Leftover tomato paste.


THINGS THAT GIVE THE SENSATION OF FALLING

Standing in a supermarket aisle surrounded by varieties of canned tomatoes that seem to have proliferated since the last time you were there. Varieties of breakfast cereal also create this sensation; varieties of tea, however, do not.

Thinking about a phone number you have lost.

Being about to fall asleep and waking suddenly.


PAIRS THAT GIVE PLEASURE

When the leaves of the cottonwood trees by the side of the highway are the exact same shade of yellow as the double line.

When the line of a jet trail in the eastern sky is the same color as the clouds around the setting sun.

How sometimes I hear the traffic on the highway above my house and it sounds just like a river.

Eating pears and grapes together.


LARGELY UNRECOGNIZED MASCULINIST ASSAULTS ON THE WORLD

All music on the radio.

All systems of measurement.

Women who give their children the last name of their husbands.


THINGS ON A GIANT SCALE

Rolls of hay stacked in shelters; three rolls on top looking like an enormous clover leaf.
Erosion on the side of a small hill can create the impression of a massive distant mountain range seen from above.

Near the spring that feeds the house under a wild plum tree, there is an ant-mound that is two feet high. In itself it seems strikingly large; still, the yellow plum leaf resting on it looks huge.


TWO TOWNS NORTH OF HERE

There are many more new cars. There are stores selling clothes for outdoor recreation.

There are no magpies, quail, or black widows. Very few cottonwood trees, lots of pine trees.

In the streams, caddis flies use bits of pine needles in their shell-casings.


INEXPLICABLE THINGS

Electricity.

When continuing a diary in a new notebook, the desire to make a gesture of formal introduction of some kind, however subtle or oblique. To whom?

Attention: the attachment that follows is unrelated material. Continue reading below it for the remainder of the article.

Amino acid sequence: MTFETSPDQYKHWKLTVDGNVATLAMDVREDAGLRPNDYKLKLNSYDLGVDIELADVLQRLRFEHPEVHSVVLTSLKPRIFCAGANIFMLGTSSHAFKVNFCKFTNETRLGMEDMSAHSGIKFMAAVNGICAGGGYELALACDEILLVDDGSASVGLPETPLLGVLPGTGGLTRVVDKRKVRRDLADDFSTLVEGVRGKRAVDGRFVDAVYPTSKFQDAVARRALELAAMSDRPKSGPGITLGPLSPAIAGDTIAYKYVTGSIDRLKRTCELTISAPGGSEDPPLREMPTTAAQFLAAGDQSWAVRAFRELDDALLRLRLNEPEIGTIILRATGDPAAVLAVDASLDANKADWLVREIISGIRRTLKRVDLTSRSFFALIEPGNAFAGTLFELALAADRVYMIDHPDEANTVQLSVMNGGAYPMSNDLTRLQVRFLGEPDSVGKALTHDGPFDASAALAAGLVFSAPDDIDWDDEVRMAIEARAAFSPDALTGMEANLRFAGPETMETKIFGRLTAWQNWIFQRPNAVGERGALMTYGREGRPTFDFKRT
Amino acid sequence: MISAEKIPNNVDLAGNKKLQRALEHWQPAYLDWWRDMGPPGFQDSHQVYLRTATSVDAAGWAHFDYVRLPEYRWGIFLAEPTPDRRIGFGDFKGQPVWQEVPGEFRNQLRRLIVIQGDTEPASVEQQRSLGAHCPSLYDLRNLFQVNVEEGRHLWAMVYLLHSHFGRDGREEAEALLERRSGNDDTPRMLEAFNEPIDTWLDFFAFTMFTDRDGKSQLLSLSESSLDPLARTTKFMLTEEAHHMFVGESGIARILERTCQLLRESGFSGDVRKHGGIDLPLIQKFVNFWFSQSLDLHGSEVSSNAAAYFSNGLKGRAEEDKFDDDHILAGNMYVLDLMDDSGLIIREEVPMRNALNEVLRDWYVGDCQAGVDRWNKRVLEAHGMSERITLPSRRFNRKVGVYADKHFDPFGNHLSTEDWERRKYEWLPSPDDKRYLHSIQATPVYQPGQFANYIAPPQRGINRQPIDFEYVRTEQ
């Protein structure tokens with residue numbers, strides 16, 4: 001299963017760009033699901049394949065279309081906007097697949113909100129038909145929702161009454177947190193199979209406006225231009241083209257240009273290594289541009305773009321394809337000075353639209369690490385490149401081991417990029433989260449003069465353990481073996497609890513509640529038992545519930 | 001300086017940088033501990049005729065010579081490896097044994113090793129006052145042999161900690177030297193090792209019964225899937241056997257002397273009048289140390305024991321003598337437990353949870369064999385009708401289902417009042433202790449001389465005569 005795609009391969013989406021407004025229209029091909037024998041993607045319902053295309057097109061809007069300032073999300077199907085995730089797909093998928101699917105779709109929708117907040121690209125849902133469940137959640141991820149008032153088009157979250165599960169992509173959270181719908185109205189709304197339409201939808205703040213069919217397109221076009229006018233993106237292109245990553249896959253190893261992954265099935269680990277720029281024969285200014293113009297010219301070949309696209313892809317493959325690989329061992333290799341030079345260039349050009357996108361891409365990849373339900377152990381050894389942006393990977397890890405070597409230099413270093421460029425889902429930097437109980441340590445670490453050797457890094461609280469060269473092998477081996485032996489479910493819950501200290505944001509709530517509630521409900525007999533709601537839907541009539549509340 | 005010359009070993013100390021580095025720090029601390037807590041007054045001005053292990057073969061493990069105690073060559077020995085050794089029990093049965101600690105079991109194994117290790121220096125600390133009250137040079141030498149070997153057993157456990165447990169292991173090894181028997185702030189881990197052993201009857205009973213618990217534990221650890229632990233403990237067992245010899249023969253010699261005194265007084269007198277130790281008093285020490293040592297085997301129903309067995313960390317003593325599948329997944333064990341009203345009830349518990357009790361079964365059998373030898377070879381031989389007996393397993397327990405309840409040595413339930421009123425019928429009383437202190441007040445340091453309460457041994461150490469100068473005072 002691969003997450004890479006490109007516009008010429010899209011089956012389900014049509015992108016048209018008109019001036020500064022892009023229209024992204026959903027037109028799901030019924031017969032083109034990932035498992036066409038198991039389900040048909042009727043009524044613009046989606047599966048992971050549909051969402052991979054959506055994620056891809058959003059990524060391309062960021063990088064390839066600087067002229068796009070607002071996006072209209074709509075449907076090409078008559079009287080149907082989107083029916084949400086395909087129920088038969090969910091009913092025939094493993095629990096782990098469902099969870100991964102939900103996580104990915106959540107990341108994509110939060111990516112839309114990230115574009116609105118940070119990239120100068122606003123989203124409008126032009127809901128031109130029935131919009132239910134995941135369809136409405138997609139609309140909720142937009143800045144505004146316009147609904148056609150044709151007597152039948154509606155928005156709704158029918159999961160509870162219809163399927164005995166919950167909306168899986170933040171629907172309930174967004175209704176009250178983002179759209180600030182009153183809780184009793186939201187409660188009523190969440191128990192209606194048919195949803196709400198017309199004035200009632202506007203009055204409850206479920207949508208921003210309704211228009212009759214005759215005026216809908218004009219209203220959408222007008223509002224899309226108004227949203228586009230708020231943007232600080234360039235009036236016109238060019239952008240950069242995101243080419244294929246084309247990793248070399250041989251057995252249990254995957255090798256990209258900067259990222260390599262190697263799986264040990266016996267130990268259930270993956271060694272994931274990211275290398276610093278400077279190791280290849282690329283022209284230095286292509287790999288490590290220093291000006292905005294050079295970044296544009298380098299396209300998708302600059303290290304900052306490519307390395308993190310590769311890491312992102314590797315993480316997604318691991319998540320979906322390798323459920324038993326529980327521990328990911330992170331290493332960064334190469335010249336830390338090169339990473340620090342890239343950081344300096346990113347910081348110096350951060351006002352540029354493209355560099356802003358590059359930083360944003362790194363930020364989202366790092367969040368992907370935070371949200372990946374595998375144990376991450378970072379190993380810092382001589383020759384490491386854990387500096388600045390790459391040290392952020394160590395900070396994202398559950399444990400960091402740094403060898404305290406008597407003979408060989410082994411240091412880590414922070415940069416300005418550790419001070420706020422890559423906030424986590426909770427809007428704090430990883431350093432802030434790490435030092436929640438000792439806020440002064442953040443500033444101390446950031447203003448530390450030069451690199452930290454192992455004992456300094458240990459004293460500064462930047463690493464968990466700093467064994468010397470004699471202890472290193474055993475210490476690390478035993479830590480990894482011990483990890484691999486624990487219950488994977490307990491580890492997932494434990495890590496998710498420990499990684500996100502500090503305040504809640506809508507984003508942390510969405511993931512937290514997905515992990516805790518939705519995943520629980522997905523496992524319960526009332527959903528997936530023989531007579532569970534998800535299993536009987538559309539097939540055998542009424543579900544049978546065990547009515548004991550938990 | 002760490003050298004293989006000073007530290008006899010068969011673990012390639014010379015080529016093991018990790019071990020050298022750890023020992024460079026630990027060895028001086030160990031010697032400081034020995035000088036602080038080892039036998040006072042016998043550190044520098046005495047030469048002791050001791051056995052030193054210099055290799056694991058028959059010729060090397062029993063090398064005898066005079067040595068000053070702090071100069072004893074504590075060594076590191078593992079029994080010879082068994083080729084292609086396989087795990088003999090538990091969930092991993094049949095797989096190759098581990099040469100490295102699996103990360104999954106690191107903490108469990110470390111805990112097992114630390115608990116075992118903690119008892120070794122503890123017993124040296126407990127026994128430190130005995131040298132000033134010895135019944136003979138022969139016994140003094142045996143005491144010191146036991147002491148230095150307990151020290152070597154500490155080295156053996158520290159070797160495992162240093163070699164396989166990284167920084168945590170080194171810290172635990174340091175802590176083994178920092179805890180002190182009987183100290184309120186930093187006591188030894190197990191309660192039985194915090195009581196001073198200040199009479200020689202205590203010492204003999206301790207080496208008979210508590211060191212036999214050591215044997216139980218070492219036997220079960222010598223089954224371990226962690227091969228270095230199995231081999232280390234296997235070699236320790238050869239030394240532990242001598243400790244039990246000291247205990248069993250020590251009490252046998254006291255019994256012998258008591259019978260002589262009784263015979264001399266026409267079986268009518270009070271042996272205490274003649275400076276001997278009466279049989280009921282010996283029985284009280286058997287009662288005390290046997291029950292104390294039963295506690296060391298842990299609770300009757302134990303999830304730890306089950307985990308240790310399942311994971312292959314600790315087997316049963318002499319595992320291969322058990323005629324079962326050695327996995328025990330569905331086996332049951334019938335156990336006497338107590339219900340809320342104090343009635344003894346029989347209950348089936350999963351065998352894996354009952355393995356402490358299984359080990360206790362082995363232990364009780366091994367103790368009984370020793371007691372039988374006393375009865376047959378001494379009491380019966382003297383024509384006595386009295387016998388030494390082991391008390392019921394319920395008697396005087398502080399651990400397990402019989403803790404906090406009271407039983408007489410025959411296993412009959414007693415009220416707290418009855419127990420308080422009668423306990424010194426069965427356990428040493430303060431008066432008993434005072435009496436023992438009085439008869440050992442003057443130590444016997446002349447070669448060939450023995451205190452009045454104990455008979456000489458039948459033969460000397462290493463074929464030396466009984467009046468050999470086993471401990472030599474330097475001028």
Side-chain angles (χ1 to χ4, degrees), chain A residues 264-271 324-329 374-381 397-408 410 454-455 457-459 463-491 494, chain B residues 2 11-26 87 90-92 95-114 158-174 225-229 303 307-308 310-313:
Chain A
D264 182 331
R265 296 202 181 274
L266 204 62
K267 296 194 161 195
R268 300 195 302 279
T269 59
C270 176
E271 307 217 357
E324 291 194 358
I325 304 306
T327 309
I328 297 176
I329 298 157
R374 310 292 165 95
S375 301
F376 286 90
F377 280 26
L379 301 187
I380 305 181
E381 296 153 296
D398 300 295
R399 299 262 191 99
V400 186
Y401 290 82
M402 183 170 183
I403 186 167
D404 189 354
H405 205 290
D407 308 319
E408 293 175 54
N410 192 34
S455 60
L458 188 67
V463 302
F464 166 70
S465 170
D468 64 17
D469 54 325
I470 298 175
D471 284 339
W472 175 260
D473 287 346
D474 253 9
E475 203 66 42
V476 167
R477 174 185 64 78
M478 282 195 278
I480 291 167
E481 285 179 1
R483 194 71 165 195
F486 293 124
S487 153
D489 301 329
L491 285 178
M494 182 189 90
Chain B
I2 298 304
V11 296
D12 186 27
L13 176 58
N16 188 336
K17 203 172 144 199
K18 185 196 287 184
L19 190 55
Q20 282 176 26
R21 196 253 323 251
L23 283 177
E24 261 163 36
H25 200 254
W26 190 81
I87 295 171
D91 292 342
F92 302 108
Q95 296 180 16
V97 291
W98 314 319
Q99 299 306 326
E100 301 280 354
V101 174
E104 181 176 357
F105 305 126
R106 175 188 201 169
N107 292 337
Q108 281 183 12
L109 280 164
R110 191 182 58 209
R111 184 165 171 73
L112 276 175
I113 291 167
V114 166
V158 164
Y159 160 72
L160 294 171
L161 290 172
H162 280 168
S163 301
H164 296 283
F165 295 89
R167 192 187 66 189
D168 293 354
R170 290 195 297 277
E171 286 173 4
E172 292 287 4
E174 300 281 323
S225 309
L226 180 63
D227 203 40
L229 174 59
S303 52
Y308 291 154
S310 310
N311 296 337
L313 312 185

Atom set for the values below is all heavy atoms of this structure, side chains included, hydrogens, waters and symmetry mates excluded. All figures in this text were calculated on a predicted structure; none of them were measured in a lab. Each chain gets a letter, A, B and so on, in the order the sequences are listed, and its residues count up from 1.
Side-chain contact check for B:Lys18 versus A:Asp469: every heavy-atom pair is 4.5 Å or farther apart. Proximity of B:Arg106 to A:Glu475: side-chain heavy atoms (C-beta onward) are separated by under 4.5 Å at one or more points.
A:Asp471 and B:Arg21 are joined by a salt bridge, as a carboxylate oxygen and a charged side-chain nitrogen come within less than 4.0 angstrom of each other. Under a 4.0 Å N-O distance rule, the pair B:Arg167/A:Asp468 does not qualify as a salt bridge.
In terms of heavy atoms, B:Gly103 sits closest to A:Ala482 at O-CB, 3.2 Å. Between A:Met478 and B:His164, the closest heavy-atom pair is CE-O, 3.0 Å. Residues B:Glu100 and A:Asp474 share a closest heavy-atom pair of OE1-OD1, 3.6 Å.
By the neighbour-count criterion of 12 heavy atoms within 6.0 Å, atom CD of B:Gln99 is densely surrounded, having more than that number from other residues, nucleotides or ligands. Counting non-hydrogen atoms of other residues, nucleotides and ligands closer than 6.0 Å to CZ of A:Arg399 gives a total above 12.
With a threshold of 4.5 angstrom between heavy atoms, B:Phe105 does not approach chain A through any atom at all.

The pleasure of shining the old chrome-covered clock-timer on the stove. It doesn't work, is not attractive, and yet the tenderness I feel for it never fails to spring up when I’m cleaning the stovetop.


THINGS DESIRED FOR A WHILE BUT NOT ACQUIRED

A clothesline.

An extra steak knife.

Two large steel-covered bass drums.


THINGS DESIRED FOR A WHILE AND RECENTLY ACQUIRED

A blue enamel bucket to hold scraps for the chickens.

A medium-sized doumbek.

A jumper for fall. The perfect fall jumper is of medium weight, very soft, not binding anywhere. Long enough to give a feeling of serenity but still allowing for easy motion. It should not create a feeling of loudness or of primness.


THINGS THAT MARK A POINT IN TIME

Planting garlic.

Taking down the hammock.

Putting hats and mittens in a basket on the dryer.

Eberle Umbach
© 2000-2010






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9 comments:

  1. I love this series. Poignant, introspective, and sometimes funny.

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  2. I, too, love this series. So thoughtful and beautiful. There is something eerily haunting about looking at our childhood pictures.

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  3. Hi Jacqueline & Willow: Thanks to you both. This has been a great series--I'm so glad Eberle made it available, & so glad you both enjoyed it.

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  4. This is wonderfully quirky. And even where there are items that fall outside one's own purlieu, one recognises their absolute relevance. Bring back the pillow book!